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From: frisch@gaussian.com (Mike Frisch)
Message-Id: <9511162147.AA15732@mjf>
Subject: Re: CCL:G:How to keep a particular state
To: chemistry@ccl.net
Date: Thu, 16 Nov 1995 16:47:01 -0500 (EST)
In-Reply-To: <9511160925.ZM18743@infiniti.wavefun.com> from "" at Nov 16, 95 09:25:47 am
X-Mailer: ELM [version 2.4 PL24]
Content-Type: text
There have been several questions about SCF and different electronic
states, and enough mis-information has been posted that a coherent
reply is needed.
Several different issues have been mixed together in the responses:
1. Getting Gaussian to find an SCF solution of a particular symmetry.
2. Whether SCF always converges to the ground state.
3. Whether an SCF solution different from the ground state (lowest)
solution but of the same symmetry is phycially meaning ful.
4. Whether one always wants the ground state in all calculations, or
all calculations involving a reaction.
The original question was about either 1 or 3 (it was open to either
interpretation).
First of all, an SCF can converge to a minimum or a saddle point in the
space of possible wavefunctions. The nature of the stationary point
found can be testing by finding if the orbital rotation Hessian has
any negative eigenvalues (Stable keyword in G94, or Stable=Opt to move
downhill to a local minimum). Once a minimum is found, it is not
guaranteed to be the global minimum, although it usually is in
practice. (In fact, it takes some effort to produce an example of
multiple local minima, and this usually involves stretching multiple
bonds.)
There is a rather useless theorem that if pure SCF (without DIIS or
any other extrapolation) converges, then the resulting wavefunction is
a local minimum. In practice, pure SCF is so slow and unreliable that
everyone uses some extrapolation method. This greatly reduces the
number of SCF iterations required and greatly increases the likelihood
of finding a solution but does create the possibility of finding a
saddle point instead of a minimum. The theorem has led some people to
the false assumption that if the SCF converges, even with normal
extrapolation proceedures, then it must be stable. In practice, the
stability should be tested if there is any doubt or uncertainty about
the solution -- this includes any case in which significant
convergence difficulties are encountered.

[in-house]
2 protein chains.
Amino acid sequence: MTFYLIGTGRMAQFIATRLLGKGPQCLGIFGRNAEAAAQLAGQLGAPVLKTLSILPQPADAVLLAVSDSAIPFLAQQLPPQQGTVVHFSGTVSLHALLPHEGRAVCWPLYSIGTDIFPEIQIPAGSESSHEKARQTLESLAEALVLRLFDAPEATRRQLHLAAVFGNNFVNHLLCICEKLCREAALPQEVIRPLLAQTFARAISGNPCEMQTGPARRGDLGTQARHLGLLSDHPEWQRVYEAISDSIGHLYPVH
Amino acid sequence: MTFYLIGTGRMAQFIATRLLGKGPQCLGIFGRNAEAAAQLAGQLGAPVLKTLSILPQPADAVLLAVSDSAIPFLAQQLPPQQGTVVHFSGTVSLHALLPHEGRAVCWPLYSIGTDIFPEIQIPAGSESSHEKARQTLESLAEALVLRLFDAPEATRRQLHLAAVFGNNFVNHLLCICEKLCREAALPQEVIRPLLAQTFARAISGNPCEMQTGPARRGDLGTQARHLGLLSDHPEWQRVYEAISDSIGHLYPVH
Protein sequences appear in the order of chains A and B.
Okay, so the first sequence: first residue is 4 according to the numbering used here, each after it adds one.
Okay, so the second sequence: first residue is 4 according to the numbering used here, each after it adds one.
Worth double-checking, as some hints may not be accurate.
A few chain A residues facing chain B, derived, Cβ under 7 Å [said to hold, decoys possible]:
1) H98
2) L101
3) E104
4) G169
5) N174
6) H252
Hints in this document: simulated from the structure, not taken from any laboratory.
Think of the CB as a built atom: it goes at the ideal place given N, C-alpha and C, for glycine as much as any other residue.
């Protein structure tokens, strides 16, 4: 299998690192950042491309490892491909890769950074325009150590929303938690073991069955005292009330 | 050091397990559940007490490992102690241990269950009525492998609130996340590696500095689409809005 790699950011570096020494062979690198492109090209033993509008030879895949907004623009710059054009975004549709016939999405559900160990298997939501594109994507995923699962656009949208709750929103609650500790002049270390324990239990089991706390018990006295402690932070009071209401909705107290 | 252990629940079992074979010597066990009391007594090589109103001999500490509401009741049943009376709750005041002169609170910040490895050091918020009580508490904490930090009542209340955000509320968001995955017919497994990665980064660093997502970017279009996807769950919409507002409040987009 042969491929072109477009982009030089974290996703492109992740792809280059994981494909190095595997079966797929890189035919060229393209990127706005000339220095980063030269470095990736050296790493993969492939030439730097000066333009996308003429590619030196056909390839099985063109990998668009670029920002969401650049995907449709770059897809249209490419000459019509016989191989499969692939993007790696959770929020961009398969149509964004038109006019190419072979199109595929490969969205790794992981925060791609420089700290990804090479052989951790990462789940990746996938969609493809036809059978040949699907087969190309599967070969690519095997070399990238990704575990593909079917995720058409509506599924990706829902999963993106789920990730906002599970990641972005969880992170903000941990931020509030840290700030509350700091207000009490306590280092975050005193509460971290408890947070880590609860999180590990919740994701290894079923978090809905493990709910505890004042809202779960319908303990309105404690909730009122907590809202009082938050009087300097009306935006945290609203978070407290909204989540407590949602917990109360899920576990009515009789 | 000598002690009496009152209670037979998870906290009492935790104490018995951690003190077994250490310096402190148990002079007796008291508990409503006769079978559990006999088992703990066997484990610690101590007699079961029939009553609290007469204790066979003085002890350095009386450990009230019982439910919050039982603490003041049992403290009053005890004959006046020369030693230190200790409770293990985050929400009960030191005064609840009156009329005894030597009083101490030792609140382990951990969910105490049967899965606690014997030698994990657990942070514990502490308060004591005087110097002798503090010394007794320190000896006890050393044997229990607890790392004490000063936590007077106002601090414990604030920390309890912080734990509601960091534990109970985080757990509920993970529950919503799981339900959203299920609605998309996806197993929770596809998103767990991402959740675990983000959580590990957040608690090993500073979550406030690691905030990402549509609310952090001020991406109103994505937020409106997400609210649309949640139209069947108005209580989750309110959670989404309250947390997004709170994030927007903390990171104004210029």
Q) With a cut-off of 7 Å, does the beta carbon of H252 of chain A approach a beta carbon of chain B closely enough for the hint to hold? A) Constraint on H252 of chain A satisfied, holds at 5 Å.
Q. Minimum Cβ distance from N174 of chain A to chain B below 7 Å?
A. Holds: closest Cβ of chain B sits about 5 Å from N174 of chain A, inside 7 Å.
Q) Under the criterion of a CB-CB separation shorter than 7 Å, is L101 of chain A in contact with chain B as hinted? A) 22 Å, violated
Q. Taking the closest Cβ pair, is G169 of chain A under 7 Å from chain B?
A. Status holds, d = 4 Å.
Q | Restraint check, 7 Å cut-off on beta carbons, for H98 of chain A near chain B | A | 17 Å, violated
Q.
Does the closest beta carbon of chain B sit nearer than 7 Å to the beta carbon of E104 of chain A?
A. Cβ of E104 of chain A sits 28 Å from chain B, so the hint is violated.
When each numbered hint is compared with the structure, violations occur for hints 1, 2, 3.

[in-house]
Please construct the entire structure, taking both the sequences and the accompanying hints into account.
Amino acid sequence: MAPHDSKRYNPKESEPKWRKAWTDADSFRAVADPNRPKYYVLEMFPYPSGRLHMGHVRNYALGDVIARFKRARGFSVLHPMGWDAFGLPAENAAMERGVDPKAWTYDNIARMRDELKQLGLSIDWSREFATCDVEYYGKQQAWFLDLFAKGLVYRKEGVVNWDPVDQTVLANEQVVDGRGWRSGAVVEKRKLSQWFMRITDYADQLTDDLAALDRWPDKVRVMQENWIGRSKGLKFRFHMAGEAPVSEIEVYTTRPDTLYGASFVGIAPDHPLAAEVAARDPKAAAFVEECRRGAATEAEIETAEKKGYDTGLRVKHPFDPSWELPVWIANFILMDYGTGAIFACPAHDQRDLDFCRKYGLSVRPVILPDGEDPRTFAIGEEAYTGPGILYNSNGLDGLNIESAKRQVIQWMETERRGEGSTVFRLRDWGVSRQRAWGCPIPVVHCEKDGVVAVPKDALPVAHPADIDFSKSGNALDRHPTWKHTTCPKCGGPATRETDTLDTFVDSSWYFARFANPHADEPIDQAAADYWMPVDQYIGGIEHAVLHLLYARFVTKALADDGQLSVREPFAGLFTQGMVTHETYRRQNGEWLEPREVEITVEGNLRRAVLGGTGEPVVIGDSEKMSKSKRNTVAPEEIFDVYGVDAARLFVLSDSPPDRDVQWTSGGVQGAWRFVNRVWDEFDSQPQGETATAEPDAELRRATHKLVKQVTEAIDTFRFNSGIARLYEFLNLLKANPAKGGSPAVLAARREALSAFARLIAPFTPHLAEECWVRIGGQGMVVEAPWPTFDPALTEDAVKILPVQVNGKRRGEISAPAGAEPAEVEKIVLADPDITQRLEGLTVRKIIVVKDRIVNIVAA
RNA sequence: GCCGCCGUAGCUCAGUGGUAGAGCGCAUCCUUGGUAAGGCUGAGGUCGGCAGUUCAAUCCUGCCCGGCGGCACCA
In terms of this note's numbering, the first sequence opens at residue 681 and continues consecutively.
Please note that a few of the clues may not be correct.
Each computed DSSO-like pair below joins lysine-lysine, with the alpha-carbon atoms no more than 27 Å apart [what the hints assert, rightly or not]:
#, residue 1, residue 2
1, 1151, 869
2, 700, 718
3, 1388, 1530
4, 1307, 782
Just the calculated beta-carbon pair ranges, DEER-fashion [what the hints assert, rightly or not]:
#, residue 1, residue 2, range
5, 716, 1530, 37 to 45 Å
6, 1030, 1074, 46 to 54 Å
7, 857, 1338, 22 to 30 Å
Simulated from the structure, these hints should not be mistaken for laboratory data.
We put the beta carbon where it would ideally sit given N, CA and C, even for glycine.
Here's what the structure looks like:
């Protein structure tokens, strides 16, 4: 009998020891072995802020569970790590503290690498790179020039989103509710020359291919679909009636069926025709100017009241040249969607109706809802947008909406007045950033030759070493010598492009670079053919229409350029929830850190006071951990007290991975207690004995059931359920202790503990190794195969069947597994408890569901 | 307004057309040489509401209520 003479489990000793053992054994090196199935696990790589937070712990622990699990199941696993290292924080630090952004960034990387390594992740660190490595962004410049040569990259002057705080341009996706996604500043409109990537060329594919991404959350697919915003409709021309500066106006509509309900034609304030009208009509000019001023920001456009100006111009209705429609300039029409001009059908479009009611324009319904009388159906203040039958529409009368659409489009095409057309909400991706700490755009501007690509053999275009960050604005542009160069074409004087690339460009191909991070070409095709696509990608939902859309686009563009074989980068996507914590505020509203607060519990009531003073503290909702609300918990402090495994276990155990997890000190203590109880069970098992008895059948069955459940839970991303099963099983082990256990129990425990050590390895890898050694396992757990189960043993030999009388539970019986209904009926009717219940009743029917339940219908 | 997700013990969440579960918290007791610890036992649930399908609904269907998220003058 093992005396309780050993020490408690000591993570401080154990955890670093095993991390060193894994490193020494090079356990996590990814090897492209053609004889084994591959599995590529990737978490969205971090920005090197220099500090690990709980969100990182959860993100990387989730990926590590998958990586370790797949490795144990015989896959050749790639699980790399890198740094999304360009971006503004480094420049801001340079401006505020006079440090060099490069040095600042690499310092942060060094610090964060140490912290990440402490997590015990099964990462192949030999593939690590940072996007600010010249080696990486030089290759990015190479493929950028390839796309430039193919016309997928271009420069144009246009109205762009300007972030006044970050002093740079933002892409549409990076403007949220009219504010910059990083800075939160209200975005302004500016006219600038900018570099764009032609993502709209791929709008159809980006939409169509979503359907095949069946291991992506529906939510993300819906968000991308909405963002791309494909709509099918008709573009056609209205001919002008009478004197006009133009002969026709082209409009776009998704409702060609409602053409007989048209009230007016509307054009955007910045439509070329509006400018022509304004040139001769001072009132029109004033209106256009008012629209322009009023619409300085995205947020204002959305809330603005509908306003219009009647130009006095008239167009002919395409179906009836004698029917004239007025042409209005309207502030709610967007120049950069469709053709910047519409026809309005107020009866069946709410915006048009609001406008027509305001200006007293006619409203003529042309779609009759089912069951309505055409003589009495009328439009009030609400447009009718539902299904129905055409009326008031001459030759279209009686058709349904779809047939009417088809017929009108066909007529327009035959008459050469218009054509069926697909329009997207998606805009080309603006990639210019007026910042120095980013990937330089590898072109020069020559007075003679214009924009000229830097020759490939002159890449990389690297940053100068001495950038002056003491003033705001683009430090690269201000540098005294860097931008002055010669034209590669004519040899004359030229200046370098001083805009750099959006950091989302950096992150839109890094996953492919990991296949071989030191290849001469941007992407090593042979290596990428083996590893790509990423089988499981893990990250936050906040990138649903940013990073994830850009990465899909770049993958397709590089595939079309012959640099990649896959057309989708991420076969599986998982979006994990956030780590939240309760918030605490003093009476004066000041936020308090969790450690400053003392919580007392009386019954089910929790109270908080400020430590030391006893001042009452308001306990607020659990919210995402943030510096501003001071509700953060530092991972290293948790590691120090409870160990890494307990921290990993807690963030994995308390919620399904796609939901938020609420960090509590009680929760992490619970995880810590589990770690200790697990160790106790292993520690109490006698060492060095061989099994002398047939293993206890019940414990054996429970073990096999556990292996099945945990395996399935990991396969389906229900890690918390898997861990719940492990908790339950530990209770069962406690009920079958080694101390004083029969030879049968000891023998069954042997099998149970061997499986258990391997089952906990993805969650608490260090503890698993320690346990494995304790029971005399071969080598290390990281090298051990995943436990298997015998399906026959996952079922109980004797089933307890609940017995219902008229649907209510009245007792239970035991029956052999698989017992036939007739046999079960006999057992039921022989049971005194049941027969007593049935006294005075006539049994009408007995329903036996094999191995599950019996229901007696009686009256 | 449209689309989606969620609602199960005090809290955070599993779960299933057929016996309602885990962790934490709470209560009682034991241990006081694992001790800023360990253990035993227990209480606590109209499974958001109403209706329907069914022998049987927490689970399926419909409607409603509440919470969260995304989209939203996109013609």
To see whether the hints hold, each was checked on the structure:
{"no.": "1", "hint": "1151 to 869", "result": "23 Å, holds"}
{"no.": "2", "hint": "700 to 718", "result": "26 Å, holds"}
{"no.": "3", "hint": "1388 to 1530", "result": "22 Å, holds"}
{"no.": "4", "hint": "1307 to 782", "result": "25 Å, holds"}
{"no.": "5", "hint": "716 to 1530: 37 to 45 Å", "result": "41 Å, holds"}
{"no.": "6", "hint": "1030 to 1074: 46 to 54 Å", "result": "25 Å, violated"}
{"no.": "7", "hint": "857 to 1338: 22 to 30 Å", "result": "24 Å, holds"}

If a solution of the SCF equations which has a different symmetry than
the ground state is found, then the variational principle applies and
the energy of this state is an upper bound on the energy of the lowest
excited state of its symmetry. If the SCF is started with an initial
guess of a different symmetry than the ground state and is constrained
to consider wavefunctions of only this symmetry, then such a solution
can be found. This is typically done by keeping the number of occupied
orbitals of each symmetry type fixed. The route command for this in
Gaussian 94 is SCF=Symm.
A solution of the standard SCF equations which is of the same symmetry
as the ground state only provides an upper bound on the ground state
energy. A solution with the same symmetry as the ground state which
is not the lowest solution is an arbitrary mixture of the ground state
and excited states of the same symmetry. It does not provide an upper
bound on any energy except the ground state, and is not a good
approximation to the the wavefunction for any excited state, since it
has an unknown amount of ground state mixed in. These general excited
states must be studied by a method which enforces orthogonality to the
ground state, such as CIS or CASSCF.
While typical reactions occur entirely on the ground state potential
energy surface, as one poster noted, there are many cases of surface
crossings. These are an important feature of photochemical reactions.
The usual case of ground state reactions can be reliably studied in
Gaussian by using Stable=Opt to ensure that the wavefunctions used
at each structure are minima in wavefunction space. For details on
studying conical intersections and related photochemistry, see
the appropriate references to Mike Robb's work in the Gaussian manual.
Mike Frisch
frisch@lorentzian.com